Glossier's New Mascara Is Here, and It's the Least Clumpy We've Ever Tried

Updated 05/10/18
Glossier Lash Slick review: swiped mascaras on table
Courtesy of Glossier

Few brands can cause as much a stir at the news of a new product drop as Glossier. You'll no doubt remember the frenzy caused by the launch of Lidstar (£15), the brand's shimmering cream eye shadows that went on sale late last year—and which, by the way, are quite possibly some of the greatest things to ever grace my eyelids.

But now, prepare for the next Millennial Pink product set to liberally pepper your Instagram feed: Lash Slick (£14), Glossier's answer to mascara.

We had to keep schtum until now, but over the past week, both Editorial Director Amy Lawrenson and I have been putting the mascara to the test. So, before you invest, let us fill you in on everything you need to know first.

Glossier Lash Slick review
Glossier Lash Slick $14
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Now, this probably isn't the mascara for you if you're looking for something that practically cakes your lashes in product. No, the effect is far subtler than that, a whisper rather than a bellow. In keeping with the rest of Glossier's wares, it's intended to make minor tweaks to what you've got, not transform it into something different entirely, so it's brilliant if you're after a more natural look. For me, it's the mascara I'll reach for when I want just a little something-something to perk up my face.

The brush is fairly small and compact, with only short bristles. While it didn't give me the oomph I usually look for from my mascara, I can confirm that it is nigh on impossible for clumps to form under the jurisdiction of this brush. I'm really into just how feathery it makes lashes look, and Amy agrees. "The small brush is great for getting in and coating every lash with real precision, so you can fan them out with zero chance of clumping," she says.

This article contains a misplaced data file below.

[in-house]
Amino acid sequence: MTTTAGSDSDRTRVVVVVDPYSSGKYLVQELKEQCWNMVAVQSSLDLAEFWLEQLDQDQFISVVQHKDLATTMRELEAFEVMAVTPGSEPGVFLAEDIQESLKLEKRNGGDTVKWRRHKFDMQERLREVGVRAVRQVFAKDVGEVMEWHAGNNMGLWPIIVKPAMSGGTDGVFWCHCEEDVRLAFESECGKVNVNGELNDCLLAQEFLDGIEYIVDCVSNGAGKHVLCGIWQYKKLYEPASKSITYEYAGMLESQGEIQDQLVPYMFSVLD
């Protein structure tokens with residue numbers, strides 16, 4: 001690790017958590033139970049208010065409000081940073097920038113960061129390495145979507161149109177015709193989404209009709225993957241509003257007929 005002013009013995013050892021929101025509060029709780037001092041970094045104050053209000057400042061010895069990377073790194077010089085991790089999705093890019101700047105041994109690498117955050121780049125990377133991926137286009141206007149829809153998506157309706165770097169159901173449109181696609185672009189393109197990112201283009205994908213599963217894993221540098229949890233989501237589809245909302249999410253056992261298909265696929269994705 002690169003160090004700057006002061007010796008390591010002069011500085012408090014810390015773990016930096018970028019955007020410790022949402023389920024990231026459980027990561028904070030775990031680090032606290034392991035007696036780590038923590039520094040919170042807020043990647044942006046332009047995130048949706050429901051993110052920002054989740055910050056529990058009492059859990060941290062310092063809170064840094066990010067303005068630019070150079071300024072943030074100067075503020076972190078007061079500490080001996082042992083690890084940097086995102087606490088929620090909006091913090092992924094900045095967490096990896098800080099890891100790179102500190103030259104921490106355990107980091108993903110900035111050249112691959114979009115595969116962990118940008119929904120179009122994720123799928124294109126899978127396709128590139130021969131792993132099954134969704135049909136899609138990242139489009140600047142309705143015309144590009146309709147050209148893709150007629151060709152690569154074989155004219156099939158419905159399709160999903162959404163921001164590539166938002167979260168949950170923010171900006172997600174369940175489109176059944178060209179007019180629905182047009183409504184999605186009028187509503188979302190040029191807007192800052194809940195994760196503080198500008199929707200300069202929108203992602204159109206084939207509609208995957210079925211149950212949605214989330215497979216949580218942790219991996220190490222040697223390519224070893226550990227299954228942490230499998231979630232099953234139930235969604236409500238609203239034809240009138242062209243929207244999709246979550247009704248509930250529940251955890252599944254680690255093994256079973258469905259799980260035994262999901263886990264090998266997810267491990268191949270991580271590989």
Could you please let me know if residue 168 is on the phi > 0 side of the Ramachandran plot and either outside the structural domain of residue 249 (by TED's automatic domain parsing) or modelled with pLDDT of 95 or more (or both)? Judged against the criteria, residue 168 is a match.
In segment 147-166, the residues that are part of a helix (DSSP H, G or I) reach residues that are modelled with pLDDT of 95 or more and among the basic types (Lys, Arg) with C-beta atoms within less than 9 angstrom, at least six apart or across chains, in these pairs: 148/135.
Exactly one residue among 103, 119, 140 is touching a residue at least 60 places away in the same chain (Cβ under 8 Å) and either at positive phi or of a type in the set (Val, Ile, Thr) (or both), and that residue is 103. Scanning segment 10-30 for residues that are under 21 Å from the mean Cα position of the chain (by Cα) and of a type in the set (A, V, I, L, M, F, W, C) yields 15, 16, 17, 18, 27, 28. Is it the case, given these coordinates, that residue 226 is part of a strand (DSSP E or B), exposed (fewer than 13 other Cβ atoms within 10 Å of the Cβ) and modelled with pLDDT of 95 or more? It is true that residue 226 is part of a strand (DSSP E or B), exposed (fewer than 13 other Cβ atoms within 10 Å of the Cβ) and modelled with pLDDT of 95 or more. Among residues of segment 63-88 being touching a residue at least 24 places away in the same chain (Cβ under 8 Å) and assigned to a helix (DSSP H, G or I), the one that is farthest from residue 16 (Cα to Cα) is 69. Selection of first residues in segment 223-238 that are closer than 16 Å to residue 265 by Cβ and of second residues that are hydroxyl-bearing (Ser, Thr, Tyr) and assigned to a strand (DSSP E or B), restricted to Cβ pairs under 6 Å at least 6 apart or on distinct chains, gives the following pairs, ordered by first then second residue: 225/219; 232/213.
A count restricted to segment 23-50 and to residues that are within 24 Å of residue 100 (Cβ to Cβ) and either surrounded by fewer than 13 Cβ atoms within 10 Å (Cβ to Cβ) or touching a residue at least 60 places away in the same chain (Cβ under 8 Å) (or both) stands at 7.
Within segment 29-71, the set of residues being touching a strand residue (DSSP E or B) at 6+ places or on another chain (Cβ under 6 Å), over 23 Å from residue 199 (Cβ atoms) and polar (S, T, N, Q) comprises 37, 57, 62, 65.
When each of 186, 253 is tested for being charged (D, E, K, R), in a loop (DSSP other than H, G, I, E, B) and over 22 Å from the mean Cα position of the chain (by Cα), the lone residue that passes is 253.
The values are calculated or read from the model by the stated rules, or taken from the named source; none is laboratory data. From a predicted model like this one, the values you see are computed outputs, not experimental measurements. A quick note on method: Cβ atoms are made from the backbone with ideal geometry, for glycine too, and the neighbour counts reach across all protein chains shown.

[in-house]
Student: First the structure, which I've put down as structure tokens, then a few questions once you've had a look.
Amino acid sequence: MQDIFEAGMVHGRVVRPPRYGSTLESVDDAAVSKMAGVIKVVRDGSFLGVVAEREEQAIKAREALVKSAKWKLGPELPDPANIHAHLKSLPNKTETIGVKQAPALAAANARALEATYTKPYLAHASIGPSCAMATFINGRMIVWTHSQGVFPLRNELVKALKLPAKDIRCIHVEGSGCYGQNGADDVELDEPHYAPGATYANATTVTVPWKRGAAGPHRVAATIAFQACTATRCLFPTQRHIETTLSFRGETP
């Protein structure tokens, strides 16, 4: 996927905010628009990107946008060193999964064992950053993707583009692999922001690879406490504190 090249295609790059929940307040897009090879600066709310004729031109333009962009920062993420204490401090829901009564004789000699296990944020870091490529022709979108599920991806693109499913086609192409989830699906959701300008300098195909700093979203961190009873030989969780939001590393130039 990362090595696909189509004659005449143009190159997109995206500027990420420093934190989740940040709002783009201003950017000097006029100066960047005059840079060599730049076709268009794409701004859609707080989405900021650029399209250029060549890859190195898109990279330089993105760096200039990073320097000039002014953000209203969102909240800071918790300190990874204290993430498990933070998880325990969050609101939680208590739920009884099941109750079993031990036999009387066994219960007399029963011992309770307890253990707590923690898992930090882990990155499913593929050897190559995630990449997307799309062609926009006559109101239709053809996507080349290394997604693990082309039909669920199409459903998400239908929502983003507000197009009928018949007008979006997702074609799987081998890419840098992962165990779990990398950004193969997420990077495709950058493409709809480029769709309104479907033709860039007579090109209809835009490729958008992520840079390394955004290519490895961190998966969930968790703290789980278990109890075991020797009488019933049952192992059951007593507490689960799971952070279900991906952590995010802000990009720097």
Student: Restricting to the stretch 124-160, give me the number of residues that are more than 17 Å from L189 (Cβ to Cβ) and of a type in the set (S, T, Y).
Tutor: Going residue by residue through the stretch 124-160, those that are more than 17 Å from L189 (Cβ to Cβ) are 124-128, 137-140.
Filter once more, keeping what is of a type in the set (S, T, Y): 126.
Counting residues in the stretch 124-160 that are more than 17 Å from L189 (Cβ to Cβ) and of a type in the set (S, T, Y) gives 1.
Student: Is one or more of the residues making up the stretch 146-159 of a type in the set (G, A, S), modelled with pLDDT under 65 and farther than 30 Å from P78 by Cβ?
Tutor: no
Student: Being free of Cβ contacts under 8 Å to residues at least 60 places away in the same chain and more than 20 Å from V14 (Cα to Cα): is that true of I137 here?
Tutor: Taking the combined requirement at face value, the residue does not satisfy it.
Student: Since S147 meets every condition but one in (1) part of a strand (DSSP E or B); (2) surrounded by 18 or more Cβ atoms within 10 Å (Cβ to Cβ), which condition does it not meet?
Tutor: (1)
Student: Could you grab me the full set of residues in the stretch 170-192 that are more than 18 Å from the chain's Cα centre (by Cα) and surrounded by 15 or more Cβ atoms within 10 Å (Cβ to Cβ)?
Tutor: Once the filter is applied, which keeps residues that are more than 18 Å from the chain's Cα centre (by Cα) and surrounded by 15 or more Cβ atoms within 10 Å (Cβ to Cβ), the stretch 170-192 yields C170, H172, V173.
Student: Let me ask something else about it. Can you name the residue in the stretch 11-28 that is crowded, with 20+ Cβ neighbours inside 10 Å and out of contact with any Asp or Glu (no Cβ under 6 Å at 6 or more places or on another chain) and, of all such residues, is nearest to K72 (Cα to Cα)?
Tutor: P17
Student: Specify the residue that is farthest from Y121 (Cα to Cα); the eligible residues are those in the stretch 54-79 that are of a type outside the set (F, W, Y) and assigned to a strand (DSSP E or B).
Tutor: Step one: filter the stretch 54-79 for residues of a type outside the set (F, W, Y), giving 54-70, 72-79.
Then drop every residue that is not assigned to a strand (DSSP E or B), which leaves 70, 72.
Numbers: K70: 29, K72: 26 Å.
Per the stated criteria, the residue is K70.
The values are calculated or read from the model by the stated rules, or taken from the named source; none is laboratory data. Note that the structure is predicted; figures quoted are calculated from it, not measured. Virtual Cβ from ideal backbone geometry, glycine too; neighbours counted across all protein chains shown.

The formula itself took 248 iterations before the team was happy with it, meaning there's plenty of technology at play. The 1mm and 2mm fibres clamp onto the end of the lashes to add extra length while vegan biotin both conditions and strengthens, so lashes feel softer yet stronger over time. And finally, it contains extra-shiny polymers that give lashes a flattering layer of gloss that I can most definitely vouch for.

Glossier Lash Slick review: woman with long, curled lashes
Courtesy of Glossier

Amy can already see this Lash Slick fitting into her mascara wardrobe. "For me, this mascara is probably best suited to Sundays when I don't want to look like I'm wearing makeup," she told me. "I am lucky enough to say I have pretty good lashes that can take (and need) a lot of mascara and I like that look. My go-tos are things like Benefit Bad Gal (£20) and Charlotte Tilbury Legendary Lashes (£25). If you have shorter, finer lashes and find a lot of mascaras too much, then this will be great."

What I found particularly impressive was that there didn't seem to be any irritating smudging across the eyelids or underneath the lower lashes. The formula is so lightweight it dries fairly quickly, and as it water-resistant (not waterproof), it takes little more than warm water and a gentle cleanser to remove it.

In short, if you have shorter, sparser lashes, or simply find it impossible to apply mascara without turning your fan of lashes into three thick spikes, I have a strong feeling you're going to find solace in this mascara.

Glossier Lash Slick (£14) is available to buy now at Glossier.com.

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